He set out on his quest.  We ran some numbers into the financing calculator, and since we were determined not to drag out the car payments too much beyond our initial payment period for the Focus, we decided to try for a 36-month term.  Still, the payment was kind of scary when we put in my ideal Build-a-Fit from the Honda website.  Though the stated entry-level price is $14, 750, it’s not actually, unless I didn’t care if I could drive it (automatic transmissions adds $750) or be able to pick it up from a dealer (delivery adds another $710).  We don’t even have keyless entry, and it’s already over $16,000.  In typical Honda fashion (they used to do this with ABS on the Civic — not offering it unless you bought the LX), you can’t get stability control unless you buy the Fit Sport with Navigation (over $19,000).  Again, still no doormats.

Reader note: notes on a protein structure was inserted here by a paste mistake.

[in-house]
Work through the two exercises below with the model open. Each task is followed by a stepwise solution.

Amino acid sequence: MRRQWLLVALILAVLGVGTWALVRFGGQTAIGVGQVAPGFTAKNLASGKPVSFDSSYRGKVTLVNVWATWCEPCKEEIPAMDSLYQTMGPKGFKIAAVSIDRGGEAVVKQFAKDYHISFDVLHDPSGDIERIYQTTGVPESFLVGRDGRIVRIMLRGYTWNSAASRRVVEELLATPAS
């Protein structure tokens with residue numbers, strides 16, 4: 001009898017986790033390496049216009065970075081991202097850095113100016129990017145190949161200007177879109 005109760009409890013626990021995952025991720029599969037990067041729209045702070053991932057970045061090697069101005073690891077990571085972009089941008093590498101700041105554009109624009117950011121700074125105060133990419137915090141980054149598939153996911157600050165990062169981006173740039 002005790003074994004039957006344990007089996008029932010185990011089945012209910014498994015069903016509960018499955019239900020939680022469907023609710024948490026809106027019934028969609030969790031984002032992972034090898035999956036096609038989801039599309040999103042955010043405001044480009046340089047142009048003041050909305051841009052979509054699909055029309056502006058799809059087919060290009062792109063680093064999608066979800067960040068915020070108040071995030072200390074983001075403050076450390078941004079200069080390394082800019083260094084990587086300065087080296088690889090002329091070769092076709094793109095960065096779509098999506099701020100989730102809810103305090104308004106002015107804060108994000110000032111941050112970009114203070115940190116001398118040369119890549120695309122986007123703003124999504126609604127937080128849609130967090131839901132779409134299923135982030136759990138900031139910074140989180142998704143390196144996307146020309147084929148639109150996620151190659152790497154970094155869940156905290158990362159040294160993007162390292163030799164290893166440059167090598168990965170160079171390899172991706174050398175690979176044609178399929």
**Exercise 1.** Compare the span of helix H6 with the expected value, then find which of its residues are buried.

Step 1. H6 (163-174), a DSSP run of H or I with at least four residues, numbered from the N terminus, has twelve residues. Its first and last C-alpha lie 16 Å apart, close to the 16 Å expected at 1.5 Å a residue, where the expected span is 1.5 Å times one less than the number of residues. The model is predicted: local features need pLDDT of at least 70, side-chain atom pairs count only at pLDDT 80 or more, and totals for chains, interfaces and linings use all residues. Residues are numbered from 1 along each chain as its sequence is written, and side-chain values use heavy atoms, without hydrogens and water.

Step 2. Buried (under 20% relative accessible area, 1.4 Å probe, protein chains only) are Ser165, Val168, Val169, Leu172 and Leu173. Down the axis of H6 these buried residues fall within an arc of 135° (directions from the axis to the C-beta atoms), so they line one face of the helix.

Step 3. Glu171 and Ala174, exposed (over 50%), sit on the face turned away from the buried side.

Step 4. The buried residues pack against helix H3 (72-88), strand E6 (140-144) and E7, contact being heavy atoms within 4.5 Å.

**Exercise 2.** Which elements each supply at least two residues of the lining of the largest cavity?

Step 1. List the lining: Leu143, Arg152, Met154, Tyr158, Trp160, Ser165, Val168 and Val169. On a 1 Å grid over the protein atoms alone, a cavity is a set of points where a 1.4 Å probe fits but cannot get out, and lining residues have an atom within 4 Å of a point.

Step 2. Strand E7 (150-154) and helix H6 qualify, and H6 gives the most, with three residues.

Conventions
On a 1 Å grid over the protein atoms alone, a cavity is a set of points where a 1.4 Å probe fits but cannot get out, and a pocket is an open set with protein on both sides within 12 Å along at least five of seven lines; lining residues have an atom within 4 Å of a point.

I decided to try to find a used car.  I figured it might be a couple of thousand less, and might have more features that they wouldn’t nickel-and-dime us for the way they do on a new car.  Unfortunately, as all the dealers had been telling us, used Fits are very hard to find.  And I only wanted one in orange or red.  And it had to be an automatic.  Mr. Apron got on the phone with dealers in the Delaware Valley.  He searched new dealers, he searched all 3 CarSense locations.  He looked on every virtual lot in the tri-state area.  Yes, even in New Jersey (where my brother and sister have both found their used Hondas).  He started to try to convince me to suck it up and buy a new one.  A nice base model in red.